Confront them first. Tell these people that you are trying to turn your life around and you’re trying to be a more positive person. Those thoughts that they like to put in your head are not helpful and may even be hurting you.
Distance yourself, if confronting them doesn’t work. This may be difficult emotionally and/or physically. Perhaps you have to work beside this person and your boss won’t let you move or transfer. In these situations, you’re going to have to remember these things:
You don’t have to talk to them, but you don’t have to be rude either. Just because you’re not going to engage this person in conversation, doesn’t mean you can’t be pleasant toward him or her.
Don’t let their negativity turn you into someone that you’re not. Keep being yourself and keep telling yourself to maintain your focus and enthusiasm for life.
Don’t take things too personally. People’s actions are a reflection of their personality. What they do isn’t because of you; it is because of them and who they are.
Smile and nod, then go to your happy place. Focus on work and on the positive things that are getting you through your work day.
4. Sharing your positivity
Another way to stay positive is to share your optimism with other people. You can’t make people see things the way that you do but you can do some of these things in order to shed some light on some negative thoughts that other people may have. And remember, when you do nice things for other people, they want to do nice things for you too.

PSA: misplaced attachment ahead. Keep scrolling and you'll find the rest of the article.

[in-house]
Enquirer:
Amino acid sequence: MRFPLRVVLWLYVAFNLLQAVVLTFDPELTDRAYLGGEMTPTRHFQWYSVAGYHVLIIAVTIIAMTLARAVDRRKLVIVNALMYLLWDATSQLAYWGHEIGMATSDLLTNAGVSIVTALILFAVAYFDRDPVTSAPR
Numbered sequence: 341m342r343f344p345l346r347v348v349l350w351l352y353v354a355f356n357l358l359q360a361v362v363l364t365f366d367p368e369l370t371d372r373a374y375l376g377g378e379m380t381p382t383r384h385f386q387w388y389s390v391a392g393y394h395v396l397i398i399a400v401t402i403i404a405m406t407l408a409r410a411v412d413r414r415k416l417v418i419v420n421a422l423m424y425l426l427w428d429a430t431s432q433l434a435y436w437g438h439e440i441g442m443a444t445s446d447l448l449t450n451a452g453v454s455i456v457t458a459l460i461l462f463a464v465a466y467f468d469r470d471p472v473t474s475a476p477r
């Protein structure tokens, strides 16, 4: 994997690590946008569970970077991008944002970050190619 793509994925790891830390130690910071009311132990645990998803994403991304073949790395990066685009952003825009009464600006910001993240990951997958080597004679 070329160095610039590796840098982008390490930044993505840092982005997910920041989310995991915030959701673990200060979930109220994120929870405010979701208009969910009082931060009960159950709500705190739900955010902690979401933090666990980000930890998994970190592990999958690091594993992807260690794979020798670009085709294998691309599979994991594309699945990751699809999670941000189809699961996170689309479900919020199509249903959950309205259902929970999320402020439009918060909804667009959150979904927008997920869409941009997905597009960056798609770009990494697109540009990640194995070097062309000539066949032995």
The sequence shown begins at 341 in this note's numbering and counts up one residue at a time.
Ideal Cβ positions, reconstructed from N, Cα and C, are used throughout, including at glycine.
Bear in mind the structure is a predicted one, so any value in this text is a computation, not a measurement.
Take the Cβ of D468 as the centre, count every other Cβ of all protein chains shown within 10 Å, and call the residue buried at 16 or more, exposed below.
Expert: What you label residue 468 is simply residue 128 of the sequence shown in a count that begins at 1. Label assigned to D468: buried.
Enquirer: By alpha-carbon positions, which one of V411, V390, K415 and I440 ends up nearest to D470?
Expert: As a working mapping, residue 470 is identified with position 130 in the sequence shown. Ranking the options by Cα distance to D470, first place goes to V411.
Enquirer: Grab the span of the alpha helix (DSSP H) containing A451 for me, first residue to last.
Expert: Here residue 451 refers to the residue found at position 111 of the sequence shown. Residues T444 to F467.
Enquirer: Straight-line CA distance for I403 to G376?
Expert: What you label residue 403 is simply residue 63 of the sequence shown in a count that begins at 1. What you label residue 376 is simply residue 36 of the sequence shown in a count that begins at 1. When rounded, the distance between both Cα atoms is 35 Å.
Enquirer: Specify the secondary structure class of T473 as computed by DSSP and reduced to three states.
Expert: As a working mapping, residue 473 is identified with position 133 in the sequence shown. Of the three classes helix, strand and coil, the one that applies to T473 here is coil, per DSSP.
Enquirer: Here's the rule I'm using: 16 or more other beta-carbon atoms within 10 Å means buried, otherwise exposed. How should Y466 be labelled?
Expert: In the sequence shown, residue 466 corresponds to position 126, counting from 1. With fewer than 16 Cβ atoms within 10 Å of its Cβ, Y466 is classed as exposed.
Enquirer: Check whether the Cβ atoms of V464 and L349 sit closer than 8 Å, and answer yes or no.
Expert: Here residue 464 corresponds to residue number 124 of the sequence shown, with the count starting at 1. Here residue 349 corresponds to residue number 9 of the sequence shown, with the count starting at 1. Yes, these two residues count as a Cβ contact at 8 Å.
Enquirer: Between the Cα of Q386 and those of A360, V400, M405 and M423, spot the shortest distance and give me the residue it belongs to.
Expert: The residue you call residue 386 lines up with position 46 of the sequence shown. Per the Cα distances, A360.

Show your gratitude. Showing your gratitude has been a proven way to make yourself feel happier. When we say “thank you” and when we show our appreciation, we are internally rewarded which aids in the rising of our happiness meter.
Paying it forward is the best part of being positive. You get to do something nice for someone (you may even make her day) and you get to do something that makes you feel good about yourself. It’s really a win-win.
5. Calculating happiness
So how do you know if you’re truly happy? Happiness is an abstract noun which means that it can be hard to pinpoint and calculate. You may be happy and I may be happy but we won’t be at the same level of happiness.
Apparently, it can be easier to calculate than we think, or at least Columbia University’s Earth Institute thought so when it released the U.N.-sponsored “World Happiness Report”. This report (that states that the US is the world’s 17th most happy country), used three measures of happiness to rank each country: “life satisfaction on a scale of 1 to 10, positive emotional state the prior day, and negative emotional state the prior day.”
So on a scale from Denmark (one of the world’s happiest countries) to Syria (which was in the bottom ten), how happy and optimistic are you?